Indeed, we are in a battle with the Conservative Right and this White House for the survival of America’s soul. The political dynamics around the world have made our society most vulnerable. The security advisors would have us believe that circumventing the laws with regard to monitoring private American lives is somehow patriotic. Loyal opponents are branded as traitors, treasonous and terrorist sympathizers. Lest we forget, the basic terrorist message speaks many a truth. It is in identifying those truths and fostering a real dialog that is needed. Those in the Middle East who are trudging along trying to make it day to day aren’t that different from us. By insuring their misery, their religious and political leaders have found a way to convince them that they are victims of the West. What we’ve got to do is to get people out of victim mode. Challenge the status quo from Washington to Tehran. Battle those in power from Caracas to Beijing.

    During times of war, hatred becomes quite respectable, even though it has to masquerade often under the guise of patriotism.Howard Thurman

    In this “war” we lack a common goal or objective. They tell us that we are achieving regime change in Iraq and delivering the Iraqi people from the binds of Husseinian rule. Truth be told we have delivered the Iraqi people from Herod to Pilate and now the real drama begins.

    Ask not what your country can do for you, but what you can do for your country. – John Fitzgerald Kennedy

    Well, most of us really would like to do more for our country. The problem is that in the current Federal Governing configuration we have a system whereby the upper 5% of our society is benefiting from enormous government imposed wealth. The rest of us on the economic food chain are fed scraps. We hanging on the lower rungs of the ladder honestly believe, thanks to our patriotism, that we can climb up several rungs though they are greased with special interests and made weak by the upper 5%. Those of us bottom feeders have an opportunity to do something for our country. Fight back and take control of our destinies by taking back our government. If that means civil disobedience, so be it. It may even take a civil war.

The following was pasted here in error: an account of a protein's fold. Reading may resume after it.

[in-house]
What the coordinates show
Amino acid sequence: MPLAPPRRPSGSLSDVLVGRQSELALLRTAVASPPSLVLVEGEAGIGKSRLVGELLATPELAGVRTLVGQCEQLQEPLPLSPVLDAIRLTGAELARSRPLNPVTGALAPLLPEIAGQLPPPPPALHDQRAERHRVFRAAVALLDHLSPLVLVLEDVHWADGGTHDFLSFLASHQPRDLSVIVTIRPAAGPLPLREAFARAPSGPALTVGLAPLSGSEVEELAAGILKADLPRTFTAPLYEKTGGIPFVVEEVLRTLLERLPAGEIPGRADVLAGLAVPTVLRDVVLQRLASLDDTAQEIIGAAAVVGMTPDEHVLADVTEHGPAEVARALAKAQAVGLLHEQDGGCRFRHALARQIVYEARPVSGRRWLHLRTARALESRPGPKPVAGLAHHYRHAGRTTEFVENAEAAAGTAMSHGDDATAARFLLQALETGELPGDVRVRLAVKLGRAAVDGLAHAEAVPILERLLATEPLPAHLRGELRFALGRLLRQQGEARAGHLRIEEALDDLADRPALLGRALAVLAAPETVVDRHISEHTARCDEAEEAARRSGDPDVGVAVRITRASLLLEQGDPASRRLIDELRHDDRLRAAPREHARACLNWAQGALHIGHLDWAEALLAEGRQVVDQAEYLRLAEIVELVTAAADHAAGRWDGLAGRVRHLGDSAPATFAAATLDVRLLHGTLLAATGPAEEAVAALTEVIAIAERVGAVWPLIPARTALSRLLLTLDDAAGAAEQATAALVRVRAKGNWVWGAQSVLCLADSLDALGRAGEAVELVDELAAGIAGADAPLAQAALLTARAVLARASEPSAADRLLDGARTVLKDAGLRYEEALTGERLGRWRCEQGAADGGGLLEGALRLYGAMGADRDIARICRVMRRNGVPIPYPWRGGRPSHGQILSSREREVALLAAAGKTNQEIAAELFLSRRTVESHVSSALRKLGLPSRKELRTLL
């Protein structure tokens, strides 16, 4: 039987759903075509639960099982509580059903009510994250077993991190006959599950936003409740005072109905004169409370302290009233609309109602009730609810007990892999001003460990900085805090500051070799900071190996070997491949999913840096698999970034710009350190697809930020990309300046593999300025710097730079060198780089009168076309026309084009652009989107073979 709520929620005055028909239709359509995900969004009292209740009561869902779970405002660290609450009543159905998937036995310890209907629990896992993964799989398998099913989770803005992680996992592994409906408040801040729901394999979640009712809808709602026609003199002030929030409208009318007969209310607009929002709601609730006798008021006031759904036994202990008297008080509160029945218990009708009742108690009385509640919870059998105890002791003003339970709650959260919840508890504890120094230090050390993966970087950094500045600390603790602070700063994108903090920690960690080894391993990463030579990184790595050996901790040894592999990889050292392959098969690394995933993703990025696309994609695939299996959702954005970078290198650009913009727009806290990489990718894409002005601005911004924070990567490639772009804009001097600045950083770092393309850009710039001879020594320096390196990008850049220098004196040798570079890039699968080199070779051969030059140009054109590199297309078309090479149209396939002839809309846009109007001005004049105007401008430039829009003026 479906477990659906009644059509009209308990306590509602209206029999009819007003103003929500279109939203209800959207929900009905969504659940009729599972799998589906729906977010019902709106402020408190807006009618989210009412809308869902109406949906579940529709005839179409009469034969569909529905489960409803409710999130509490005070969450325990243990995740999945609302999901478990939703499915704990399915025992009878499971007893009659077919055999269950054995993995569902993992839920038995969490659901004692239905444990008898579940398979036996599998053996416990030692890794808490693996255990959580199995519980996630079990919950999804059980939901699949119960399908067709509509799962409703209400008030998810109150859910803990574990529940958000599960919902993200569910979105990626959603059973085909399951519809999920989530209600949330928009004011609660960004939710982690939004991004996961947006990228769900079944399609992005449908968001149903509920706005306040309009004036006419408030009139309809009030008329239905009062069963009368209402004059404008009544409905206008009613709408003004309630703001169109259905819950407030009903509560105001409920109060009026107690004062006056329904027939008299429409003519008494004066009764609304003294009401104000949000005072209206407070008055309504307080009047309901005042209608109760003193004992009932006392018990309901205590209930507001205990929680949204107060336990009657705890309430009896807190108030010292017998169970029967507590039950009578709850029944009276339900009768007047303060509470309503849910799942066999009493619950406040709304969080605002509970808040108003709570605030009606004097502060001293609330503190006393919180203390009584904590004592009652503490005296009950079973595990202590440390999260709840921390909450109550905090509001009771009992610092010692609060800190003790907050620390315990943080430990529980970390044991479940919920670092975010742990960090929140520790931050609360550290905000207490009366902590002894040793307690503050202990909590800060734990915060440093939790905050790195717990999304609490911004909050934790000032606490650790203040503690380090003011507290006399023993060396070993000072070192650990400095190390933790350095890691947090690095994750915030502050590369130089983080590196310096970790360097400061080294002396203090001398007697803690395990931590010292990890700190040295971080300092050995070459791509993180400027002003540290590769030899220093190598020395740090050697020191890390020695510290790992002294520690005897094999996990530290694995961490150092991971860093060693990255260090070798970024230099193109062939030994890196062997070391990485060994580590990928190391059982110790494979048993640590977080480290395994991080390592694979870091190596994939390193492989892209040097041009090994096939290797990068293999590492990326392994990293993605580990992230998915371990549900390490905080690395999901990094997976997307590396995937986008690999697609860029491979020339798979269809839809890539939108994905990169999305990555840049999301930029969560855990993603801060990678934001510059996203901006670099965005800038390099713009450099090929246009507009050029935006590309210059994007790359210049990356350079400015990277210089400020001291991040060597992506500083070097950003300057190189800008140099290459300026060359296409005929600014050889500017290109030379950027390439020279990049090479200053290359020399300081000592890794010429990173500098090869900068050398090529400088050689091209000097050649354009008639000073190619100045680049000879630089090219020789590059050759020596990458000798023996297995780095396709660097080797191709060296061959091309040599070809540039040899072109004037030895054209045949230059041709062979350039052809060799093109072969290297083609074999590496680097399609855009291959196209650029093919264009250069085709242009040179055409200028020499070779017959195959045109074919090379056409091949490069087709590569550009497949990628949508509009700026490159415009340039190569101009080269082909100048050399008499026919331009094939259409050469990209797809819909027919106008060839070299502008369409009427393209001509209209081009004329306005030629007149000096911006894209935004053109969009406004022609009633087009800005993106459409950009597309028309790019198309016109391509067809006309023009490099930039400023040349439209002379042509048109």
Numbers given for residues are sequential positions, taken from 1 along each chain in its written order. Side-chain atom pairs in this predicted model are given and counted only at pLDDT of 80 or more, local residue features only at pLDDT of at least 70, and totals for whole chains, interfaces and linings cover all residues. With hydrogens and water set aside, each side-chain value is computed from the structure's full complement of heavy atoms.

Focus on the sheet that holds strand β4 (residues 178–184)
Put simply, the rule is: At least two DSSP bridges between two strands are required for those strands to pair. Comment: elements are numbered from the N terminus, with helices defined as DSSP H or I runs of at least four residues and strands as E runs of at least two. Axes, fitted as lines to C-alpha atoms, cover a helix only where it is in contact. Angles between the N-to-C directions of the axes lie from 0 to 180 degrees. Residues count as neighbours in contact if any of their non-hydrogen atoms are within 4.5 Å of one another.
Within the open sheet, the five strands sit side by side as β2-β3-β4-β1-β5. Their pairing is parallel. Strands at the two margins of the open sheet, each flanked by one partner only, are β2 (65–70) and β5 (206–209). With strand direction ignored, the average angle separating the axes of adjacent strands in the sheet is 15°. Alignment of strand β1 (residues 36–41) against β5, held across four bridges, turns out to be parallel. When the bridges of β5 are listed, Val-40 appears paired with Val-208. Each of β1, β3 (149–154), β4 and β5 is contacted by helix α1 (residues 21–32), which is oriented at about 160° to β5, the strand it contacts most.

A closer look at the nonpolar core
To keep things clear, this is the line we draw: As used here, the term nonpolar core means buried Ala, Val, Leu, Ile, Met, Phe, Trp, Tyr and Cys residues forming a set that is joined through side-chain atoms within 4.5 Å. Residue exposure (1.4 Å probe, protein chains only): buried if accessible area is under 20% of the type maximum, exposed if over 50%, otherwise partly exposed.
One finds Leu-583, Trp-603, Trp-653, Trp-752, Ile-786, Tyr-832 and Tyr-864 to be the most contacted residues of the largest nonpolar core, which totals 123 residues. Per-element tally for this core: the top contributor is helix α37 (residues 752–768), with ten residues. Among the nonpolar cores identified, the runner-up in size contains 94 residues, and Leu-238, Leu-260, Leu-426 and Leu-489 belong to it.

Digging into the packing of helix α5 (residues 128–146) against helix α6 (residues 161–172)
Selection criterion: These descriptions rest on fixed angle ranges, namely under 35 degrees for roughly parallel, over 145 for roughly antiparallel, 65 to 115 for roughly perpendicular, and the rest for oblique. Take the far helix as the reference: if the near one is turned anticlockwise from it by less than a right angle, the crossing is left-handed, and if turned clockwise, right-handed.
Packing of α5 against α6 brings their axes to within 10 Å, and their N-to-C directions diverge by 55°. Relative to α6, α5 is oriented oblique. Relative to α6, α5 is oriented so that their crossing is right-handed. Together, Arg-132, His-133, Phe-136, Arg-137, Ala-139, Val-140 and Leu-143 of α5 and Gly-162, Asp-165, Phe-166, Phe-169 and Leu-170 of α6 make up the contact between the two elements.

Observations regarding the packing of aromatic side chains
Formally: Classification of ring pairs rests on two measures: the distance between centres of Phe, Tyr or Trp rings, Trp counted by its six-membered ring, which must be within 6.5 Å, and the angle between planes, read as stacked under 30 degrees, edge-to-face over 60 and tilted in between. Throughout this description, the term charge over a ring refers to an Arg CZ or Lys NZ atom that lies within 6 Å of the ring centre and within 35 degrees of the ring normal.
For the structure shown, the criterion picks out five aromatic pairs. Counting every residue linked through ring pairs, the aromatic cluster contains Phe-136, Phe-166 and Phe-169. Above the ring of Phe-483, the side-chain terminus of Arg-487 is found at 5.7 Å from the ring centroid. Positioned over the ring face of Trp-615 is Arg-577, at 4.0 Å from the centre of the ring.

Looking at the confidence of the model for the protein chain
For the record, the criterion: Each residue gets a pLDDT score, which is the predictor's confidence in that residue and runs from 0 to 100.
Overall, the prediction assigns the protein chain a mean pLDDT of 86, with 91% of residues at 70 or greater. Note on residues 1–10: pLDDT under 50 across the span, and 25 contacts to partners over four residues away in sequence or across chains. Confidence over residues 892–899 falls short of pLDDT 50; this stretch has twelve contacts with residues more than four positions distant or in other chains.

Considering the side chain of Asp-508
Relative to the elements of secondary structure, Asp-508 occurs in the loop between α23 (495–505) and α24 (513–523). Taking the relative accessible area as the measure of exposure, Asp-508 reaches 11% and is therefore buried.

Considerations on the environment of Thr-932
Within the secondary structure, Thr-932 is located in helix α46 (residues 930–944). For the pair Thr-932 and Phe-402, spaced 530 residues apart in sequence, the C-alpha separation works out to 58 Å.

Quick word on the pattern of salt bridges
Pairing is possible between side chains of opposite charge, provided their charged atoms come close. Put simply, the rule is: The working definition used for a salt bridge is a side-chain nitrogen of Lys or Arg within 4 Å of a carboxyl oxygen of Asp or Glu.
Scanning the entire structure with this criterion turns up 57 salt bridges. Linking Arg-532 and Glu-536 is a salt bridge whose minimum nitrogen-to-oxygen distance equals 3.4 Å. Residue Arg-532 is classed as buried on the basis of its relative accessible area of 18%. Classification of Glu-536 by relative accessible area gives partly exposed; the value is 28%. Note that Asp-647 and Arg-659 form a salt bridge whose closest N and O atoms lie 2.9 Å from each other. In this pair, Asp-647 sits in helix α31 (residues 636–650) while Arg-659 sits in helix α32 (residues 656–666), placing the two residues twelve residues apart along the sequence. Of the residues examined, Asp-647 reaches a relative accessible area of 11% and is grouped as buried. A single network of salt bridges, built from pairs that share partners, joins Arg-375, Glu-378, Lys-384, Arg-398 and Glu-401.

• … but I’ve actually done some moronic fucking and it aint half bad.

    Yeah, I can attest to that! Especially since Jerry Falwell and 99% of the Conservative Christian Right would have the rest of us believe that having unconventional sexual relations is tantamount to destroying the fabric of American society.

  • Do you think most people said it was OK because the polling was done on the phone and new it’d get back to the government?

  • and that they also knew?

  • Numerous commentators are bickering about either the security needs for or potential attacks upon our fundamental freedoms, which are embodied in the federal mass communications surveillance recently disclosed. It very curiously might be valuable to revisit Freud’s experiences many years ago in order to remind ourselves of an oft-forgotten historic two-word public announcement that he made at the very time that the American government was vehemently denying the danger or atrocities of the Nazi regime. The following comments review the discourse surrounding the 150th Celebration of Freud’s birth, and conclude with Freud’s memorable proclamation about the march of totalitarian brutality:

    Amidst all the public discussion and debate attending the widely noted 150th Anniversary of Freud’s birth, there was an underlying admission that Freud’s thinking has had an enormous influence upon all of us, and that it is unimaginable how there could be a return to a pre-Freudian way of thinking.

    Despite how rigorously, and regardless of the many ways, that we have throw him away, yet he continues to return. We just cannot rid ourselves of the potent, even if seldom clearly visible, fact that he enunciated deep if unprovable truths about ourselves that had never been so clearly enunciated before.